Metaphysics of the Bayesian Mind

Mind and Language (forthcoming)
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Recent years have seen a Bayesian revolution in cognitive science. This should be of interest to metaphysicians of science, whose naturalist project involves working out the metaphysical implications of our leading scientific accounts, and in advancing our understanding of those accounts by drawing on the metaphysical frameworks developed by philosophers. Toward these ends, in this paper I develop a metaphysics of the Bayesian mind. My central claim is that the Bayesian approach supports a novel empirical argument for normativism, the thesis that belief has a normative essence, with the norms in question being those of rationality. The argument I develop draws in part on the causal powers subset account of realization defended by Wilson and Shoemaker, with the link being that Bayesians often appeal to Marr’s framework of levels of analysis, which carries with it multiple realizability claims that can be understood in terms of the subset model. I then use the view developed, with its appeal to normativism and subset realization, to explain how Bayesians can accommodate empirical findings of irrationality that are sometimes thought to pose a problem for their view.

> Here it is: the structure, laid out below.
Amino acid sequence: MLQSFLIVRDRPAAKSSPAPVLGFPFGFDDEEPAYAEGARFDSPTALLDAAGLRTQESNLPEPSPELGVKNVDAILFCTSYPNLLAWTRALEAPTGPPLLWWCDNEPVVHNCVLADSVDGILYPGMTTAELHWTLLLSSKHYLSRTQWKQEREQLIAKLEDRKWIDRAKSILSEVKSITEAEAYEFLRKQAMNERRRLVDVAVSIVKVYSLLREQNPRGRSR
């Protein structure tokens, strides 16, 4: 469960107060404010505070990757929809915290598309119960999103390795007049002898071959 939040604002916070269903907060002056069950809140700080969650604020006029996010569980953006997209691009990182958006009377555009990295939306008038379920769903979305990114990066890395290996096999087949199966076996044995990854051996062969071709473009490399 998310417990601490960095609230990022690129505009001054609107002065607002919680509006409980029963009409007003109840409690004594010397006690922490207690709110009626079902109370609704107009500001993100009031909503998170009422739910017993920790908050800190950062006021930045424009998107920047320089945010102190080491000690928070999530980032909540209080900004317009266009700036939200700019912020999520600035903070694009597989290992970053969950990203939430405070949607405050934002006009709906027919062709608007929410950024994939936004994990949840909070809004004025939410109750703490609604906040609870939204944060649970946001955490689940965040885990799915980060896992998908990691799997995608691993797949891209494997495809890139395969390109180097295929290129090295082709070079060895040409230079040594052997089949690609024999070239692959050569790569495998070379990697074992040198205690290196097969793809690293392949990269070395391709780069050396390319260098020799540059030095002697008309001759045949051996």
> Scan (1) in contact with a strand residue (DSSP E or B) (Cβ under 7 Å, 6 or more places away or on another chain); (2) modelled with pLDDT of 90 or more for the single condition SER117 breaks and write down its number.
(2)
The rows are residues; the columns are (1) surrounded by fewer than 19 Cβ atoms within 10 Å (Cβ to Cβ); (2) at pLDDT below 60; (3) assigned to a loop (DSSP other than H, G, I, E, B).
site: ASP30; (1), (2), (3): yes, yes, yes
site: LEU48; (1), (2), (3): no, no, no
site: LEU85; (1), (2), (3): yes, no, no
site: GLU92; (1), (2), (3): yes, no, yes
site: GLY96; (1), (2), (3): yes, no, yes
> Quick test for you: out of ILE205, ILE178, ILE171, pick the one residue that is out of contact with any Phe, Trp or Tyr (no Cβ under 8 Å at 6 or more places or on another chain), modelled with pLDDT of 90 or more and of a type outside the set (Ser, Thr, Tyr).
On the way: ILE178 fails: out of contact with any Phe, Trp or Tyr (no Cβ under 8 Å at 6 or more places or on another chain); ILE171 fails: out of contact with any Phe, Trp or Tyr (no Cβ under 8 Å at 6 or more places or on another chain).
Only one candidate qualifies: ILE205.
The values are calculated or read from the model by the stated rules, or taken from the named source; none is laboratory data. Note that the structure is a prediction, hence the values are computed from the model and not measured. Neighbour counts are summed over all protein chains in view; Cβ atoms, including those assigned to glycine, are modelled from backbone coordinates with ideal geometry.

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Justin Tiehen
University of Puget Sound

References found in this work

Real patterns.Daniel C. Dennett - 1991 - Journal of Philosophy 88 (1):27-51.
Why be rational.Niko Kolodny - 2005 - Mind 114 (455):509-563.
Special sciences.Jerry A. Fodor - 1974 - Synthese 28 (2):97-115.

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